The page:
Guide to UK Healthcare for International Students
Moving to a new country is a very difficult time for every student as there are a lot of things to work out. For instance, there are differences in weather, food, rules, and customs to deal with. In all these things we fail to pay attention to our health and fall prey to illness. However, you don’t have to worry as the UK healthcare is considered as the best healthcare system in the world. It provides free healthcare to all under the NHS (National Health Service) including full-time international students.
If you become unwell during your time in the UK then you’ll need to know the following things about the medical care you can receive.
In the UK, you’re entitled to receive NHS (National Health Service) Primary care medical services at a GP (general practitioner) surgery without charge. This is the first place to visit for medical treatment. You will need a letter from your College and your passport as proof you are a student. Most problems and illness can be treated by the GP, but if you need to see a specialist for specific treatment or tests that they may not be able to provide onsite. You have to take a referral from your GP and set an appointment before your visit.
Health Centres and GP surgeries are normally open during the daytime and early evening. In case of any emergency, you can visit the local hospital near your college which have an NHS Walk-in Clinic. If you have a minor health problem such as a cold, sore throat or dry skin, you can visit a pharmacy (chemist) to buy medicines.
However, if you are applying for a Tier 4 student visa and coming to the UK for 6 months or longer you will be required to pay an immigration health surcharge as part of their visa application fee. You are not required to take a shot of any specific vaccinations to enter the UK. However, people of certain countries require screening for tuberculosis. You can bring vaccination records with you to show to a doctor if you need to.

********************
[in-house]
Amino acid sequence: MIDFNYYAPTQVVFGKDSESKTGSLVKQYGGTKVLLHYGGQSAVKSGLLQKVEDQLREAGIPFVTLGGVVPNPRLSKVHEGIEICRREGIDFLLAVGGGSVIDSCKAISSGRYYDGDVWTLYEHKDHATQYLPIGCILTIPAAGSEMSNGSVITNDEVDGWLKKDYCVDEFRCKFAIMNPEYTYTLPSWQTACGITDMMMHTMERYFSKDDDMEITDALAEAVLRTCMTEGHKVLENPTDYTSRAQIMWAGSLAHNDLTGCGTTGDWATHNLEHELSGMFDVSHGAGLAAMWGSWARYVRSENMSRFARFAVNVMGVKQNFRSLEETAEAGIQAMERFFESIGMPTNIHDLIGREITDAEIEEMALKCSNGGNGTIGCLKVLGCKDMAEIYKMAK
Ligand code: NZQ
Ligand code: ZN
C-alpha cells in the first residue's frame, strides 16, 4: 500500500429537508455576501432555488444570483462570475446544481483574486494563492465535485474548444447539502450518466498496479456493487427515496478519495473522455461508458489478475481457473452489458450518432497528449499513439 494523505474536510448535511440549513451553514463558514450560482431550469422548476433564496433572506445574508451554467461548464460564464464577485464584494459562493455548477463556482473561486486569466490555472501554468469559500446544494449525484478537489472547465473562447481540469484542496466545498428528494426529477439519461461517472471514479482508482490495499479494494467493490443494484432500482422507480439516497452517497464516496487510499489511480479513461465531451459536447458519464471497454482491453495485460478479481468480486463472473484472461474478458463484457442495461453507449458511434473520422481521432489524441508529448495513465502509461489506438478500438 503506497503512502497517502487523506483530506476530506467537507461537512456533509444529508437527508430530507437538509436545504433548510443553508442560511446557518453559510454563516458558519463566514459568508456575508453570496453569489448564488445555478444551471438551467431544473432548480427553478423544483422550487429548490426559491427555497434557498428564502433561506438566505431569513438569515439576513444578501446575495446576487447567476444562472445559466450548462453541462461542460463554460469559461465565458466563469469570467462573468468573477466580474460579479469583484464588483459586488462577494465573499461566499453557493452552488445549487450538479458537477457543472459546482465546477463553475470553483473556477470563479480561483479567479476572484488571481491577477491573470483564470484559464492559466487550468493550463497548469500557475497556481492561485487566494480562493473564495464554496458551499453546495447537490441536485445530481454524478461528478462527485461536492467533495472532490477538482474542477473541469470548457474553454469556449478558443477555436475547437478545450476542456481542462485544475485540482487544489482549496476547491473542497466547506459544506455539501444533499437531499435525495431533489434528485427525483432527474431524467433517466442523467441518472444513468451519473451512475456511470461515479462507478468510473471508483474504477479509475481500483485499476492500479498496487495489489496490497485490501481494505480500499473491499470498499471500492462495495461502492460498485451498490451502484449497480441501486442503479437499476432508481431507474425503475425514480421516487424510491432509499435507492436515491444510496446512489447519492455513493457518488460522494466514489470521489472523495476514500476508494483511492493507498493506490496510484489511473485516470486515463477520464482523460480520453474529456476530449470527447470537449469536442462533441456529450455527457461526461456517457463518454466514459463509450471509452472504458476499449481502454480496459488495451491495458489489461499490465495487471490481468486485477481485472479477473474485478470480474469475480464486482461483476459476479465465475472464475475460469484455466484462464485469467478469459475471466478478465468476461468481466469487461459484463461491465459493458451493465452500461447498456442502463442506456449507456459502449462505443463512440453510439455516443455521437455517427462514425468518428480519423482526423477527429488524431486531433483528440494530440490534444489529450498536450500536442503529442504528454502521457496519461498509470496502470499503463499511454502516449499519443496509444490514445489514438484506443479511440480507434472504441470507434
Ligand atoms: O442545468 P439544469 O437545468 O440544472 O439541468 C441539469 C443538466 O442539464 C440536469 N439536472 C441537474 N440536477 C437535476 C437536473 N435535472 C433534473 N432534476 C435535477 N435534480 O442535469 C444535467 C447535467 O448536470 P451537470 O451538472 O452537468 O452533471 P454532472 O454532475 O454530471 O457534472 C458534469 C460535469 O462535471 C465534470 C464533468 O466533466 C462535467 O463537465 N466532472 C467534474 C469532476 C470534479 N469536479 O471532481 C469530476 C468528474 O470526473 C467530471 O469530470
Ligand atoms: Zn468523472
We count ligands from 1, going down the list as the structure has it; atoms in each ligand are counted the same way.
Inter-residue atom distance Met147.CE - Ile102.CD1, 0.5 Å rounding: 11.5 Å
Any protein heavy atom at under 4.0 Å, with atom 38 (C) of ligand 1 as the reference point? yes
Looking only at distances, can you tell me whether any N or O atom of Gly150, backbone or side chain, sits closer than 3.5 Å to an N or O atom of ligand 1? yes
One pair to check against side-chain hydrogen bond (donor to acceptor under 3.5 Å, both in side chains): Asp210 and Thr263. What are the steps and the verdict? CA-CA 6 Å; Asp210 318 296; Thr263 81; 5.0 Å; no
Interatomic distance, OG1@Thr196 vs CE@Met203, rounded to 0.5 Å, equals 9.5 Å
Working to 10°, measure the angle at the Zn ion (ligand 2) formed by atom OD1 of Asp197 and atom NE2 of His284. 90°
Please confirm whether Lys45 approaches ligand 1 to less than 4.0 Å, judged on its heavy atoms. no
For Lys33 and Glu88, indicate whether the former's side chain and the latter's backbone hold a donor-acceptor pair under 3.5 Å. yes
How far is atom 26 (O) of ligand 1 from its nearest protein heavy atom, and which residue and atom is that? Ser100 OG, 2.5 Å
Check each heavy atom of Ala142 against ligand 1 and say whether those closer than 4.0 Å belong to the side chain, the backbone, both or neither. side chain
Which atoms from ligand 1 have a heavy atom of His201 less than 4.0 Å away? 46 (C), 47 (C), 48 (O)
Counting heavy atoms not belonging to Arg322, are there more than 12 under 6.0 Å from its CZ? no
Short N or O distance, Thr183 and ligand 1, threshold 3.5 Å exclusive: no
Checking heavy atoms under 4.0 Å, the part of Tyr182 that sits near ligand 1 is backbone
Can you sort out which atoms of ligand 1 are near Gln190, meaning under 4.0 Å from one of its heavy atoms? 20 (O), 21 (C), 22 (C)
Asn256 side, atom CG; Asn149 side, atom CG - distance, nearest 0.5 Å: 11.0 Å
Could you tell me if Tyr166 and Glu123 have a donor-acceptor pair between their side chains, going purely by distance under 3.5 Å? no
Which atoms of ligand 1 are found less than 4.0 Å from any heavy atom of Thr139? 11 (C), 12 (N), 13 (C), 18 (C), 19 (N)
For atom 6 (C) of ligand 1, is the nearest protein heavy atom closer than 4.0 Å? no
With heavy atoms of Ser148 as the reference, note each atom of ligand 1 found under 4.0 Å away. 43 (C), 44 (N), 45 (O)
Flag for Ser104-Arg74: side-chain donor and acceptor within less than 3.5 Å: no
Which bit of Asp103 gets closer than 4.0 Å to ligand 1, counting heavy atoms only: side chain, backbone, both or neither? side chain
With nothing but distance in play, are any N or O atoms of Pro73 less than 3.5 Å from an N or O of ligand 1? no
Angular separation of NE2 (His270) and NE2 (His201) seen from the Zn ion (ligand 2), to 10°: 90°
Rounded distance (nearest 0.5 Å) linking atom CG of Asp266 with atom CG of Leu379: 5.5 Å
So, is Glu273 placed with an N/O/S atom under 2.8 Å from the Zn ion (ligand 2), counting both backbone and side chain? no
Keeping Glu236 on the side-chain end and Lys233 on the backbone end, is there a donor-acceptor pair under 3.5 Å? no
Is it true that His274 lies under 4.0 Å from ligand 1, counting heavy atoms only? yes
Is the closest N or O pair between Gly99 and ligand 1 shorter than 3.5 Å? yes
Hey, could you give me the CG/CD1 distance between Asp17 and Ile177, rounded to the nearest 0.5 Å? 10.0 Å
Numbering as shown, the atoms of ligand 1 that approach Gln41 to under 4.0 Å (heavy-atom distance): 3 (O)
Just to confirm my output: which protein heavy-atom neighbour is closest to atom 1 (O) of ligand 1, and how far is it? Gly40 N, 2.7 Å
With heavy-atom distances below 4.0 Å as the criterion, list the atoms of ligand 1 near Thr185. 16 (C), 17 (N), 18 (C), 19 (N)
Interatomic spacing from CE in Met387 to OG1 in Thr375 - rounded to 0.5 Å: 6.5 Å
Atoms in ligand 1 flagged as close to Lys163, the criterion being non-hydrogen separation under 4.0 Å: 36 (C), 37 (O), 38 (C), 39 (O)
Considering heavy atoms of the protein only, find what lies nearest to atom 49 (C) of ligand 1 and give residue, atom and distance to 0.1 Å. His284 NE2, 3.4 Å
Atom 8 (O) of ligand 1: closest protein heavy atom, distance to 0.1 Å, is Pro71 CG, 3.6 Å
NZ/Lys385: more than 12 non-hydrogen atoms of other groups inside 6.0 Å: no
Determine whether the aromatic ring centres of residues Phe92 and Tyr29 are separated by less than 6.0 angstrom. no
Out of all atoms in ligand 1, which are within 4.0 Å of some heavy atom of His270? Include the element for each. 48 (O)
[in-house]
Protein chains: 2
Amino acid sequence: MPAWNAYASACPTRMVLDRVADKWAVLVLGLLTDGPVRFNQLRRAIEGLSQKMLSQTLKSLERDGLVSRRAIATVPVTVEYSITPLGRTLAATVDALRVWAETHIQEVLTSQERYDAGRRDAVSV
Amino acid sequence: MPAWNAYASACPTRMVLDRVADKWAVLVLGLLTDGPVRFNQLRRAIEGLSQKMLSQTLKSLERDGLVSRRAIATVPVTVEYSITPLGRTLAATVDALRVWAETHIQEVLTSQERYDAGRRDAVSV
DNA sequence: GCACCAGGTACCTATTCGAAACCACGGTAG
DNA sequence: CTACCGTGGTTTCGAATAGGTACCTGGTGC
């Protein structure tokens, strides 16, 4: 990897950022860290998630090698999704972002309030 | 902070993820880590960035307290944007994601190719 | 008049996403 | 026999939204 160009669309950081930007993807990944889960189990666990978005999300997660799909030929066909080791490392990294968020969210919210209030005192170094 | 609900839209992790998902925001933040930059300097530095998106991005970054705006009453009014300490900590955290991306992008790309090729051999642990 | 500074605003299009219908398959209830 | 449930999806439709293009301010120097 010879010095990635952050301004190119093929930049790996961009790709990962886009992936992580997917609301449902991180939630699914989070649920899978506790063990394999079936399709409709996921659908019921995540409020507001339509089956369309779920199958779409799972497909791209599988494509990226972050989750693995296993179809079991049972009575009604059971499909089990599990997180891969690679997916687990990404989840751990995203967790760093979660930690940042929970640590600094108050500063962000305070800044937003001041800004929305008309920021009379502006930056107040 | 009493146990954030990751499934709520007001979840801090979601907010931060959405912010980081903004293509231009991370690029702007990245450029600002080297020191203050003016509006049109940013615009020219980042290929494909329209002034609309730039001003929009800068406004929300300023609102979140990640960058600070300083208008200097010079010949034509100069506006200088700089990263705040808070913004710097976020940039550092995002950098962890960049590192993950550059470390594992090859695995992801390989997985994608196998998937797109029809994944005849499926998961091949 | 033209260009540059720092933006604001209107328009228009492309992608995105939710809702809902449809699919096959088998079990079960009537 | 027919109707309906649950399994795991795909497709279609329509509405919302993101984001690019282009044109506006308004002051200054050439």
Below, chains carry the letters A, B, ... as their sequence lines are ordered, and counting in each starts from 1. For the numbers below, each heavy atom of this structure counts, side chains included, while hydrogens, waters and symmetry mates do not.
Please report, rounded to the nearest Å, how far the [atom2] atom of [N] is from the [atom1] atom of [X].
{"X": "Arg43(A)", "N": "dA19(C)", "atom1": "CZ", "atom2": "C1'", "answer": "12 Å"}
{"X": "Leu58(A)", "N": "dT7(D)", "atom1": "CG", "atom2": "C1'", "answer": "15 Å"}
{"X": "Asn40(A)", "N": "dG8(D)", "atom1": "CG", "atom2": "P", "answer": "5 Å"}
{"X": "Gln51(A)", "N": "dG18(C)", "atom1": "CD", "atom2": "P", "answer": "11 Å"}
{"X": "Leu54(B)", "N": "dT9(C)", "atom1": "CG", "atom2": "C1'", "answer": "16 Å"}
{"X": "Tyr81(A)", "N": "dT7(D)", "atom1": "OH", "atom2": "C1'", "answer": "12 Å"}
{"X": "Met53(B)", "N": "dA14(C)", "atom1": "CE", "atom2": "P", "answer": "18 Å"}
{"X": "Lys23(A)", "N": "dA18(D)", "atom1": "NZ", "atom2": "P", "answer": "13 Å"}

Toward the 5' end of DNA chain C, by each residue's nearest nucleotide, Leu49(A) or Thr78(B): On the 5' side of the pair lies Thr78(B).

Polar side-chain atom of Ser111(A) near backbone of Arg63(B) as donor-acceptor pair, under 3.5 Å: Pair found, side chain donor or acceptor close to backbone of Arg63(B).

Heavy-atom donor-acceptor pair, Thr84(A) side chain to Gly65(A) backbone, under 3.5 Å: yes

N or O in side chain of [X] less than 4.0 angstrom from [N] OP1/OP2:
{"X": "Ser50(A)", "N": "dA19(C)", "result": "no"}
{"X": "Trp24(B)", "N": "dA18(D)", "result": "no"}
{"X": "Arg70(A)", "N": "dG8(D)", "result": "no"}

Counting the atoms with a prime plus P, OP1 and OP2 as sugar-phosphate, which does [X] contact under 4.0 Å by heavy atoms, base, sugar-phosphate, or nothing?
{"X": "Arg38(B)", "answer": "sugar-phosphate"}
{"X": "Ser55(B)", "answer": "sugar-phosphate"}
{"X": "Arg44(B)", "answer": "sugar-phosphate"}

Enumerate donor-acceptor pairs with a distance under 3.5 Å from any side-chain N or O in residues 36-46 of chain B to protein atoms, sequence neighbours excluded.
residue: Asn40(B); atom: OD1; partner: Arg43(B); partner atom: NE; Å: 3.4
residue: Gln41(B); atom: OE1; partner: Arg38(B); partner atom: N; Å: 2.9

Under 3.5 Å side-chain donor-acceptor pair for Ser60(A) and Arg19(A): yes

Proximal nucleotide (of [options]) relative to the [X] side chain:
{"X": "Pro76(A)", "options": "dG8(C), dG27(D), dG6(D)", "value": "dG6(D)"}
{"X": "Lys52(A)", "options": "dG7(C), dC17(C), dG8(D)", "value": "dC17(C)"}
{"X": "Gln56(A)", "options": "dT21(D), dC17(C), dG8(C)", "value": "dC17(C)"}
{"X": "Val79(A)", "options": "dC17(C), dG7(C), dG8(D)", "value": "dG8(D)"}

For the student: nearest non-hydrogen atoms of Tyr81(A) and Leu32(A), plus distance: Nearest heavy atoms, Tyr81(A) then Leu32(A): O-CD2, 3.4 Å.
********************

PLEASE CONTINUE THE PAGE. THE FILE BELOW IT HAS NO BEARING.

If you are suffering from a medical condition and are already receiving treatment for it or are on specific medication then it is even more important to register with a GP as soon as you arrive. This is important because it is highly likely you will need to see a doctor at some point during your stay at the university, even if only for a prescription or a check-up. This is also useful to you if you are awaiting test results or diagnosis from your doctors at home.
In the case of dental treatment, you have to contribute towards the cost of your dental treatment even though you are covered under NHS treatment. If you are not covered under NHS or the dentist does not take NHS patients, in such case you have to pay the full amount of your treatment.
However, you may be able to get free dental treatment from the students studying at a dental hospital. The best thing is that it applies to everyone whether they are entitled to NHS treatment or not.
Eyecare is also not free under the NHS and you will normally have to pay a minimum charge for an eye test, around £20 on the NHS.
Tip: You can apply for help with the cost of your eye test and glasses or contact lenses based on low income in the same way as for prescriptions and dental treatment.
These are some of the things to know before starting a new chapter in the UK.
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